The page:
The Susan G. Komen Global Race For The Cure is coming up on Mother's Day.
And ABC7 is proud to again be a sponsor of this year's race.
A Woodbridge woman, living with breast cancer, is a true fighter.
Eight years ago, doctors told Laura Bruce she probably wouldn't make it. But each day, she still lives with cancer.
She says, the difference is choosing how to deal with it.
Painting from her home in the afternoon would have never happened before for Laura Bruce. She left the competitive corporate world at IBM, but it took a health scare to return her to her true passion.
"You can't let it rule you because life doesn't stop," Bruce says.
Now 53, Bruce was diagnosed with breast cancer in 2005 after a routine mammogram found a lump on her left side. She had a mastectomy.
Then, the cancer spread to her hip and other bones. Doctors didn't expect her to make it long.
She also had a 5-year-old son.
"At that time the doctor said if you have stuff to do, go ahead and do it," she says.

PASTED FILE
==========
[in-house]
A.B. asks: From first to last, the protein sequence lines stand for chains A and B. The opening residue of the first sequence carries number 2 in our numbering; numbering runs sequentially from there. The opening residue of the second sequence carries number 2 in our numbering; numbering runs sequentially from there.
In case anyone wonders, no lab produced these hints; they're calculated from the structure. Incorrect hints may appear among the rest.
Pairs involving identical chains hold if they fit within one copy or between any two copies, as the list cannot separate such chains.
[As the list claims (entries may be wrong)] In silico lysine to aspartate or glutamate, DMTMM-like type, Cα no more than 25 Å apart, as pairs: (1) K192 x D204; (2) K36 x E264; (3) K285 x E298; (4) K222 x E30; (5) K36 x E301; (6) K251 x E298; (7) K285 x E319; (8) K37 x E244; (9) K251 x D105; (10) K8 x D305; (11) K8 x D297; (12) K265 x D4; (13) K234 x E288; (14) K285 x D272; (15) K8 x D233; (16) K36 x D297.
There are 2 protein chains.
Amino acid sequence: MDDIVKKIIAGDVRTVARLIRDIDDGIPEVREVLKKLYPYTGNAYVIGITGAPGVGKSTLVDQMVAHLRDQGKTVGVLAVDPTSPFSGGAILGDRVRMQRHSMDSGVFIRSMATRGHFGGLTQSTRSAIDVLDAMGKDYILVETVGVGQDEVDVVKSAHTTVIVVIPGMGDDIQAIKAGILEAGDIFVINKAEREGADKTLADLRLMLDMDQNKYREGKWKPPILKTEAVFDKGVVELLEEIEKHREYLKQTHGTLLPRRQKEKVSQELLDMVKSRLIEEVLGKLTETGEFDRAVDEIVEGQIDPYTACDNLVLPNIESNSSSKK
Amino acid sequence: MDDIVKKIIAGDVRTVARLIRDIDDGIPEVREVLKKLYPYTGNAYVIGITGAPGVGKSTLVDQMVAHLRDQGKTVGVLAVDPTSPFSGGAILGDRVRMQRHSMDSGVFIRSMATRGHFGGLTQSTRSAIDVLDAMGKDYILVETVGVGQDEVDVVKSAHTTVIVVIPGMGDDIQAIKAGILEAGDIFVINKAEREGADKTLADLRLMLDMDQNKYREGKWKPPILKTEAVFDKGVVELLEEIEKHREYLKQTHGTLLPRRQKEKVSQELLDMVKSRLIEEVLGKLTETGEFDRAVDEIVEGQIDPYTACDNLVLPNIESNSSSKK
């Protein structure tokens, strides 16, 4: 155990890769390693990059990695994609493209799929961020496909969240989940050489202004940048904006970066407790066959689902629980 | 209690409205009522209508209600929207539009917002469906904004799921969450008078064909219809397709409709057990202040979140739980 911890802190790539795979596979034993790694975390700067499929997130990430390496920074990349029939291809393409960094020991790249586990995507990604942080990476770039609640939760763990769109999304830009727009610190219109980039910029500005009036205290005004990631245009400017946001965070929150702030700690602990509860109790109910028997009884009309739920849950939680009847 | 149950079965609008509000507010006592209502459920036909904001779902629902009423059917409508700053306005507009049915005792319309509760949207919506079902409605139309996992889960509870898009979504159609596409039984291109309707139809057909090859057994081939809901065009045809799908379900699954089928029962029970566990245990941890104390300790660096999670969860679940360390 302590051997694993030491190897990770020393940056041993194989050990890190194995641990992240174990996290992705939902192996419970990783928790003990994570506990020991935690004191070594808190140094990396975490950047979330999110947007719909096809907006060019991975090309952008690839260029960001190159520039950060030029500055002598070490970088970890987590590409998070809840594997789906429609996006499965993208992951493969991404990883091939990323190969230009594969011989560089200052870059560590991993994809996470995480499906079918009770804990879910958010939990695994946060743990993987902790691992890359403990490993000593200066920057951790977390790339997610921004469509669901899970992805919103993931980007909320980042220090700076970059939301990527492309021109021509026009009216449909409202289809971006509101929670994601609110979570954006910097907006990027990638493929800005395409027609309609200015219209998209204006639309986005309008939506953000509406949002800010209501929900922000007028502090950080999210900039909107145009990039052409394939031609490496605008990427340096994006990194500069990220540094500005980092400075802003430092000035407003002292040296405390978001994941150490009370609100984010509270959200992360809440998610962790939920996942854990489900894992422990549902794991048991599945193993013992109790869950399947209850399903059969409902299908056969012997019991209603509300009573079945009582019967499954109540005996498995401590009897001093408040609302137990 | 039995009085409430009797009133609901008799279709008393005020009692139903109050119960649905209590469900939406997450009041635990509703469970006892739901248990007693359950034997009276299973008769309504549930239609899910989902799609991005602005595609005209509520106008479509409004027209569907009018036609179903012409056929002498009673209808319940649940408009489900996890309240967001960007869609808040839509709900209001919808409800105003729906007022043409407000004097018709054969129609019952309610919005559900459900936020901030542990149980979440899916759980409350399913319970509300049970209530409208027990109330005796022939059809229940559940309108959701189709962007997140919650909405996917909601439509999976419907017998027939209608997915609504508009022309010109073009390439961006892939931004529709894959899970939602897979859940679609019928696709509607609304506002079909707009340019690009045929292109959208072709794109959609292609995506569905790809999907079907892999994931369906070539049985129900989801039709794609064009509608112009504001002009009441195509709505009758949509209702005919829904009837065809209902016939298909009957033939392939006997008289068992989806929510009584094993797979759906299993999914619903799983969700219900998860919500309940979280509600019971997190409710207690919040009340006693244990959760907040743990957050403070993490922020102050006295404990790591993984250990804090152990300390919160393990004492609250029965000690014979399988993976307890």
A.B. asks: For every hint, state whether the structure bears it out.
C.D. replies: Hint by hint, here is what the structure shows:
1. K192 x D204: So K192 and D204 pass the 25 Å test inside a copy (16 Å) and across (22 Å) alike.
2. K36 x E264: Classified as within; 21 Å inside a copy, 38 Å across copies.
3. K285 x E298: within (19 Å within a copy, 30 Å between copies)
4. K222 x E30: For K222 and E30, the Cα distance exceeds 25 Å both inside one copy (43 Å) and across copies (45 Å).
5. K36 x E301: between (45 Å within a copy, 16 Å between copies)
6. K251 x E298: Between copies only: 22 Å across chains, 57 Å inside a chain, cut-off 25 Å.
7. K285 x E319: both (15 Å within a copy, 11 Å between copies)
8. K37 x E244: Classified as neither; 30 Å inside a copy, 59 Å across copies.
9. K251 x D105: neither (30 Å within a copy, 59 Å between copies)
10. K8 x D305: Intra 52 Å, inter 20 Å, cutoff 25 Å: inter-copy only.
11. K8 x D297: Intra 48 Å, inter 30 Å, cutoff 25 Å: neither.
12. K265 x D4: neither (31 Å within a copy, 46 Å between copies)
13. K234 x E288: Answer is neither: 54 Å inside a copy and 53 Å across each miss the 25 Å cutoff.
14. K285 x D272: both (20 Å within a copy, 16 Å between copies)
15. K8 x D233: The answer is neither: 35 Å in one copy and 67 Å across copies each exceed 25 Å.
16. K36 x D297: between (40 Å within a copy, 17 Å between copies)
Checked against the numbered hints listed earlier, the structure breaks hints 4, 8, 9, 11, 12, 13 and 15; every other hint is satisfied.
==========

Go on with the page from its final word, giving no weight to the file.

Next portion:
Bruce endured chemo. And unlike many cancer survivors who reach remission, Bruce was never told by doctors that she had.
She has lived eight years with cancer, taking several drugs and going to monthly appointments.
"That was really hard in the beginning," she says. "I would see people celebrate with cakes and partying in the infusion room and yet there I sit, waiting to come back in three or four weeks for my infusion."
Still, with another Mother's Day to celebrate with her family, Bruce's approach to life has changed.
"I try not to sweat the small, dumb stuff," she says. "Like getting mad at someone driving too slow in front of me in traffic because who knows maybe she came out of chemo."
"I liken it to a low-playing radio in the background," she says. "It's always there."
After leaving her full time job, Bruce spends her time on her artwork and raising her now 12-year-old son.